As you can see the methods are matched using Given, When and Then and regex is used to match the text sentences in the scenarios to the actual java methods. Each part should correspond to some action. For example ”the integration should move the file to the output folder” calls the method testFileHasMoved in the Camel test class to check that the file has actually moved.

Camel test classes

Finally we have the Camel test classes to tie it all together.

import java.nio.charset.Charset;
import java.nio.file.Files;
import java.nio.file.Path;
import java.nio.file.Paths;
import java.util.List;

import org.apache.camel.Exchange;
import org.apache.camel.component.mock.MockEndpoint;
import org.apache.camel.impl.JndiRegistry;
import org.apache.camel.model.ProcessorDefinition;
import org.apache.camel.test.blueprint.CamelBlueprintTestSupport;
import org.junit.Test;

public class FileTransferCamelRunner extends CamelBlueprintTestSupport {

@Override
public void doPreSetup() throws Exception {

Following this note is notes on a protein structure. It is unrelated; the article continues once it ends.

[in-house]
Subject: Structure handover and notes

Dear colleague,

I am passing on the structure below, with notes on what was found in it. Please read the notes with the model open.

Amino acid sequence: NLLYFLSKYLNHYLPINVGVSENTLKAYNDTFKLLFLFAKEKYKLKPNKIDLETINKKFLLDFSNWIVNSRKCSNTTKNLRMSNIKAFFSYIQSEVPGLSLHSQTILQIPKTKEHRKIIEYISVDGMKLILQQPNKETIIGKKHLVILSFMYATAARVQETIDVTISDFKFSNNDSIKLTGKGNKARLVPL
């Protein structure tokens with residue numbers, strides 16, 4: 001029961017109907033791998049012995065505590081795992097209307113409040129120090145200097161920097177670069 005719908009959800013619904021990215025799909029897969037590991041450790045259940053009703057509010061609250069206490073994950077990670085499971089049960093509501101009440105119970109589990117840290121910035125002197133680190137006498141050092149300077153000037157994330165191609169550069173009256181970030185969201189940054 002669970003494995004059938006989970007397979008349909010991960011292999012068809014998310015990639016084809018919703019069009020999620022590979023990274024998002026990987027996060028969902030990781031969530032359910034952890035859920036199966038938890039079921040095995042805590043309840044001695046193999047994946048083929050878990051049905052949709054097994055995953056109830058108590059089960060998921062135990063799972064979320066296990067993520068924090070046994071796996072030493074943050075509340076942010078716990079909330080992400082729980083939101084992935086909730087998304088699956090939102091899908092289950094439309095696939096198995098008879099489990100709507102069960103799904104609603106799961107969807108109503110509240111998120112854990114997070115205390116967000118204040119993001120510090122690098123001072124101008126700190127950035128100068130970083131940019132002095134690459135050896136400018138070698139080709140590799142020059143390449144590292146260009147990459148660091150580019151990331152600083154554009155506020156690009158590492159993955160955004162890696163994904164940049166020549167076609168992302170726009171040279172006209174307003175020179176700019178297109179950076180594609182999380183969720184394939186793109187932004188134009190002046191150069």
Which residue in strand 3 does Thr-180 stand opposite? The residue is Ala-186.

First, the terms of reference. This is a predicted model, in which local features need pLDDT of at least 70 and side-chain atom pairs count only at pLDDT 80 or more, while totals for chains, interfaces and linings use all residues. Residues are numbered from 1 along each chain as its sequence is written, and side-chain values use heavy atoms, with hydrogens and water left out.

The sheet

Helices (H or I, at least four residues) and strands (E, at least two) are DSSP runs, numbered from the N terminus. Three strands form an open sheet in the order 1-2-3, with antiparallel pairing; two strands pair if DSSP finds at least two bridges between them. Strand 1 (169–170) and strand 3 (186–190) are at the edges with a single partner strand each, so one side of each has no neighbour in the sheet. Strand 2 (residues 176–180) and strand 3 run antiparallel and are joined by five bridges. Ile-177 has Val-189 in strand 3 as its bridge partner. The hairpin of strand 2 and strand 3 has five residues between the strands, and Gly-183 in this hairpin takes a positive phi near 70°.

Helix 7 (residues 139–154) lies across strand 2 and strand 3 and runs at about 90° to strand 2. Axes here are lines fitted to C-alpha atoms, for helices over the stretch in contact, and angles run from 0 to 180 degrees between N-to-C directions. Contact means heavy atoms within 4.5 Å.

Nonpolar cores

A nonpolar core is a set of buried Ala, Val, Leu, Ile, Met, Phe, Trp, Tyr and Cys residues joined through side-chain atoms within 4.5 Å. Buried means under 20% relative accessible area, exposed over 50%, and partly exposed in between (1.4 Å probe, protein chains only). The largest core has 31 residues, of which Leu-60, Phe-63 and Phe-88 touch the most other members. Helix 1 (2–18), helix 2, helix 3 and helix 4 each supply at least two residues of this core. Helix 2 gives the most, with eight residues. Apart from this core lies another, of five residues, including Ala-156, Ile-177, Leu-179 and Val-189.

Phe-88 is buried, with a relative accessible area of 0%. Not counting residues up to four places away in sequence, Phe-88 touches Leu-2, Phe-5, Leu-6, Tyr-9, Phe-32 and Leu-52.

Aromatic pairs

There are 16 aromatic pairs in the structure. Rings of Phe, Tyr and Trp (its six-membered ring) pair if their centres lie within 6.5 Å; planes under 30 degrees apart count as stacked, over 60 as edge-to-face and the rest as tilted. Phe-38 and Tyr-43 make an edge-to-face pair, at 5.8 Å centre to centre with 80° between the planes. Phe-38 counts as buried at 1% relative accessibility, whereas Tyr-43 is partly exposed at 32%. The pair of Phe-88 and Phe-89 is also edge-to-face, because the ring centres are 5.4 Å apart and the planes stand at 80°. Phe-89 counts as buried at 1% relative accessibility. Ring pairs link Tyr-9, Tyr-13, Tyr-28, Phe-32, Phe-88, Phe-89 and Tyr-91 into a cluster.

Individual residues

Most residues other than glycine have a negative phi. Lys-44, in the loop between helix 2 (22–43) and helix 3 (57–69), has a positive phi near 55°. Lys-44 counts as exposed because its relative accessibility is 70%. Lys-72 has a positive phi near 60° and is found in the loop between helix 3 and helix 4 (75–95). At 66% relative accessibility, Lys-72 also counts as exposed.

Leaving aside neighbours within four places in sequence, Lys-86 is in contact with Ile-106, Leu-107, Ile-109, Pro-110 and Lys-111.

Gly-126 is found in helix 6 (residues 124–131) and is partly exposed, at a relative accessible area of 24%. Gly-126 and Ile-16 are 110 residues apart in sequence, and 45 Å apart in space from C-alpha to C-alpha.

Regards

System.setProperty(”org.apache.aries.blueprint.synchronous”, Boolean.TRUE.toString());
}

@Override
protected String getBlueprintDescriptor() {
return ”/OSGI-INF/blueprint/filetransfer.xml”;
}

@Test
public void testPutFile(String body, String endpoint) throws Exception {
this.setUp();
template.sendBody(endpoint,body);
Thread.sleep(2000);
assertFileNotExists(endpoint);
}

@Test
public void testFileHasMoved(String path) throws Exception {

assertFileExists(path);
}

}

The most important part is the line ”   this.setUp();” in the method testPutFile which is the first method that gets called. It ensures that the Camel runtime is started in a successful way even though we are using the Cucumber Runner. Without this line the connection from Cucumber to Camel would not work. All you need to do then is run the Cucumber runner class as a JUNIT test and view the output.

Running Karaf+Hawtio+Camel inside Docker

These days microservices is hot and running things in a container is helping that. Docker has received a lot of attention for this, and rightly so, when things work 😉 I will just mention very briefly what docker is but I recommend the official tutorial. It is a good walk through.